Volume 95, Issue 1

Thursday, May 24, 2001


Code of Conduct now in place

Med students now pay $14,000 per year

Meningococcal: "This is not an epidemic"

Spots of controversy in Code

Tory budget: Western happy, USC mad

Summer jobs in abundance

Campus Inquisition

Mixed views follow Summit

Diverse agendas with a common purpose

Word on and off the streets concerning the Summit protests in Quebec City

Meningococcal: "This is not an epidemic"

By Kristina Lundblad
Gazette Staff

Those squeamish about getting their shot now have more reason to overcome their fears.

The latest meningococcal disease outbreak brings the total number of cases since Feb. 24 in London to seven. 

"This is clear evidence at this time that the organism is continuing to circulate in our community," said Graham Pollett, medical officer of health at the Middlesex-London Health Unit.

On May 14, the Middlesex-London Health Unit reported a seventh case of meningococcal disease, diagnosed in a 10-year-old boy who attends Ryerson Public School. 

According to Jeanette Johnston, the principal of Ryerson Public School, the same day the boy was diagnosed, the students at Ryerson were scheduled for their mass immunization for meningococcal disease. 

"The timing was excellent because many students participated in the vaccination program that day," Johnston said, adding that accordingly, "everyone took the information very calmly."

Johnston said that there were only a couple of students who had to take further precautions due to their close contact with the infected student.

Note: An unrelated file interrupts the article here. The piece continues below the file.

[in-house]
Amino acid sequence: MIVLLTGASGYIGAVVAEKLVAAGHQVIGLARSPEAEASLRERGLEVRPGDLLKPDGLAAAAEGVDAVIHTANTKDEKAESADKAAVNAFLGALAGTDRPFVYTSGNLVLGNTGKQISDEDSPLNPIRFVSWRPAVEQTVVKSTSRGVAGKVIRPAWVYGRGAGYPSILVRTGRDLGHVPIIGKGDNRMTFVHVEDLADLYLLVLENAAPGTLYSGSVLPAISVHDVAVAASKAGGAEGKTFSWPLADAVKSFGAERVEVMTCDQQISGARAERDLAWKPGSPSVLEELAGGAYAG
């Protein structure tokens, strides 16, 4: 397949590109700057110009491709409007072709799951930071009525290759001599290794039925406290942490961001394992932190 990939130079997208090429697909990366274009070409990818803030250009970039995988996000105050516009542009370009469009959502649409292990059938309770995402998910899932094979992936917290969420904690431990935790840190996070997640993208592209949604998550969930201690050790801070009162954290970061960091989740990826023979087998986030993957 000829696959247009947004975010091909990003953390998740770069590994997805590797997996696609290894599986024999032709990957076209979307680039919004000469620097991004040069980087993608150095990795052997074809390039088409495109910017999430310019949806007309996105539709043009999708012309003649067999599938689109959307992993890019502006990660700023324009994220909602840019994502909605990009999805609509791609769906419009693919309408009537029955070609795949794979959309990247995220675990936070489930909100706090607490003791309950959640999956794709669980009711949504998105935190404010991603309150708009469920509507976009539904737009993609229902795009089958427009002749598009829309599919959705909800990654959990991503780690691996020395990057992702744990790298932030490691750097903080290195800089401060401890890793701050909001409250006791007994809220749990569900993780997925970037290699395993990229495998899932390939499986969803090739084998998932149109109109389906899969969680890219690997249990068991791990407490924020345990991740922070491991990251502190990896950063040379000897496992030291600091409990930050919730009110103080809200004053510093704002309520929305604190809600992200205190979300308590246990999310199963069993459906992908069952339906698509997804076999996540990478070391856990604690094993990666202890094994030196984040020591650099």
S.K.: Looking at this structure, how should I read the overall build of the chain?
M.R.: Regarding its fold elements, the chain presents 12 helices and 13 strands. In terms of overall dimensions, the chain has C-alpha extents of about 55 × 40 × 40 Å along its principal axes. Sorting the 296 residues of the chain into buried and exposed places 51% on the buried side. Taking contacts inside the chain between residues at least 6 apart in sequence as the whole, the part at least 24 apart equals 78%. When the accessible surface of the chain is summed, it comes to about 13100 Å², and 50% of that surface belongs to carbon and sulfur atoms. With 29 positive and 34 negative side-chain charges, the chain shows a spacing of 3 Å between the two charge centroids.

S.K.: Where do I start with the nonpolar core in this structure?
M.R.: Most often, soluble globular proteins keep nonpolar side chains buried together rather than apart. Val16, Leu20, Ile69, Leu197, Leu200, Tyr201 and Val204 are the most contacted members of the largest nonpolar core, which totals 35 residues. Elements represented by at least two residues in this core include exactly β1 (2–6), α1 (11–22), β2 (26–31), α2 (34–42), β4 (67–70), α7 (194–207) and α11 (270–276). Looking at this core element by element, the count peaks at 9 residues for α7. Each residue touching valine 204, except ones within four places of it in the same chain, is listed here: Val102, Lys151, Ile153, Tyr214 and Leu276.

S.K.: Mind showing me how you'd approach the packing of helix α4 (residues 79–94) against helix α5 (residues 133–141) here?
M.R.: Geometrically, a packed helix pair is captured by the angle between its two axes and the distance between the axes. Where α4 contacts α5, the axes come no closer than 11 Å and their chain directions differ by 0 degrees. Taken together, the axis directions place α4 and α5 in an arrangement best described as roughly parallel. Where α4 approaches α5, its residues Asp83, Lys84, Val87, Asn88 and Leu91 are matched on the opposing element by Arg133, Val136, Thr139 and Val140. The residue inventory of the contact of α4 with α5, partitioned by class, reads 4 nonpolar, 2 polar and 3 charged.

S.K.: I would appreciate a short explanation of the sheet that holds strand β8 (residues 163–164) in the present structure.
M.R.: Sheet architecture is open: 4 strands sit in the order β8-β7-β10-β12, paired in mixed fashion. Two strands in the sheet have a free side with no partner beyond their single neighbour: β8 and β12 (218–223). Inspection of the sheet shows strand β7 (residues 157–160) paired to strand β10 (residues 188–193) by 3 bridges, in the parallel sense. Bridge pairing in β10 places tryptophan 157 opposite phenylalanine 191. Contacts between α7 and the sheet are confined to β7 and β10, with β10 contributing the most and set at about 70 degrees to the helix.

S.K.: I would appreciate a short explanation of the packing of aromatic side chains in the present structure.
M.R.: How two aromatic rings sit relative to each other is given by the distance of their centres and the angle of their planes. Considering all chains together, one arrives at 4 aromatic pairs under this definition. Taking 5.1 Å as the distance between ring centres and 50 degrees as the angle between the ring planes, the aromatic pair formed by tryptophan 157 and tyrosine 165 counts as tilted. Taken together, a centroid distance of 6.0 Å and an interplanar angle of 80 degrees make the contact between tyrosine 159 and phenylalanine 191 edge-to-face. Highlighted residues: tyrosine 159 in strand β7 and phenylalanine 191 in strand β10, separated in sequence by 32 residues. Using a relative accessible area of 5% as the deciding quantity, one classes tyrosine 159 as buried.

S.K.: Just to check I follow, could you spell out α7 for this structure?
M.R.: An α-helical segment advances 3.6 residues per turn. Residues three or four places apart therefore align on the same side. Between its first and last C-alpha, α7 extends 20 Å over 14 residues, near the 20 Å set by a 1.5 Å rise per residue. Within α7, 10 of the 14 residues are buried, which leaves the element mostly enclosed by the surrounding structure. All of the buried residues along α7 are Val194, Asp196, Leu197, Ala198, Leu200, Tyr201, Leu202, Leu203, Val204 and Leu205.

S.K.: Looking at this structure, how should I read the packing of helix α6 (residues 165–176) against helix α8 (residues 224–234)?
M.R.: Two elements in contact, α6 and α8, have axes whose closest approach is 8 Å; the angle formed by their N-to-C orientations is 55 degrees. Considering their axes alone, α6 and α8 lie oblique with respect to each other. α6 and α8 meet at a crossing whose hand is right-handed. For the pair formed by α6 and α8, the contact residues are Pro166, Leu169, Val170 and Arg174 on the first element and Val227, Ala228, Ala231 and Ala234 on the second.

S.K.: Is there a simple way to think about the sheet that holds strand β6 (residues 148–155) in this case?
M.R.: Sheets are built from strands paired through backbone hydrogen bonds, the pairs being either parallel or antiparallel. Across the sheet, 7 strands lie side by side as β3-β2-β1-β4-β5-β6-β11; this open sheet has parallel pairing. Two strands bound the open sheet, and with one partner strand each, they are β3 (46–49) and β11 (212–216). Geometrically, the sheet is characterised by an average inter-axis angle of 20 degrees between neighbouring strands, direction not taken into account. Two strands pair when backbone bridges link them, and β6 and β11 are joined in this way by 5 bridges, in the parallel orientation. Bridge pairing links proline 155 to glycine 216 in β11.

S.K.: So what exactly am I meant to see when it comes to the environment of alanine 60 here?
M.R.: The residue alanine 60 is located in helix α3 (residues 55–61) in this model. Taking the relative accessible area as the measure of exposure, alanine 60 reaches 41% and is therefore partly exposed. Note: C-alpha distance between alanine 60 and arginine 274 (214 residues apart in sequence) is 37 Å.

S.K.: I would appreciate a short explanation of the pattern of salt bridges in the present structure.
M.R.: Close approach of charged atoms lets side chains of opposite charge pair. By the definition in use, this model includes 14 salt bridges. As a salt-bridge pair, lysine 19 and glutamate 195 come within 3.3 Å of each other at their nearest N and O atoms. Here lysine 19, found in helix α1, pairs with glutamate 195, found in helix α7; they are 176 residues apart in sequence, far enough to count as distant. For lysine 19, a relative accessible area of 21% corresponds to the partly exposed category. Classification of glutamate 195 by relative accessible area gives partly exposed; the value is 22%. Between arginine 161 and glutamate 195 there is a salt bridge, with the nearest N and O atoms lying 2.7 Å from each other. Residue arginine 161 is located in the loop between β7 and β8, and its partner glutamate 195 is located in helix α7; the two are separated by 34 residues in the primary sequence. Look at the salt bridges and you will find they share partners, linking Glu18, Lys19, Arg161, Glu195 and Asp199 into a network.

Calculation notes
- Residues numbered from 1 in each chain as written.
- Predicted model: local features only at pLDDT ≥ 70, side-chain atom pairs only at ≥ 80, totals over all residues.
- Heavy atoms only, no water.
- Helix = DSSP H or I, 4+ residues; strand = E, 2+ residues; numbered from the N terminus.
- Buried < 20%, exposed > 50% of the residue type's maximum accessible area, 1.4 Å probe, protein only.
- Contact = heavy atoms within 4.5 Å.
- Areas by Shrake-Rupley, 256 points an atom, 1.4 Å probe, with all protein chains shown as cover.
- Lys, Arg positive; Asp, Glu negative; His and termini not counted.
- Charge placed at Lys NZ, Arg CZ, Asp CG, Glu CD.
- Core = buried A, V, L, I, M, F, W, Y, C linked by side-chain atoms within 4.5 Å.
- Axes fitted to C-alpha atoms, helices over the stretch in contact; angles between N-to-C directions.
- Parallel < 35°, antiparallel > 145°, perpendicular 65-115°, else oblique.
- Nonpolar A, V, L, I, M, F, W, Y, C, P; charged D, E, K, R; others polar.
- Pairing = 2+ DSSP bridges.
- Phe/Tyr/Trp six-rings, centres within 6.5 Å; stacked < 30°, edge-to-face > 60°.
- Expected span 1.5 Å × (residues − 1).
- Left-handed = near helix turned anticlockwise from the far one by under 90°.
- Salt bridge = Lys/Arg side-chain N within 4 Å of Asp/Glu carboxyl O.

Despite this latest diagnosis, Pollett was encouraged by the recent figures of the number of completed vaccinations in London.

"We are three-quarters of the way there. As of Monday, 66,334 people have been immunized," Pollett said, adding their goal was 70,000.

Pollett stressed clinics end today, May 24, but if people have not received their vaccines, they can get them at the Middlesex-London Health Unit. 

Pollett explained those from the ages of 0-24 were immunized because they are commonly at highest risk. "The older we get, the more likely we are to build natural immunity," Pollett said.

Tom Macfarlane, director of Student Health Services, stated no further treatment is required after immunization. "You've pretty well done everything you can," he said, adding the vaccinations have helped by shrinking the size of the potential pool of infection. 

"This is not by any stretch an epidemic," Macfarlane said. "The London Health Unit is to be commended for the magnitude and the aggressiveness of their immunization program." 

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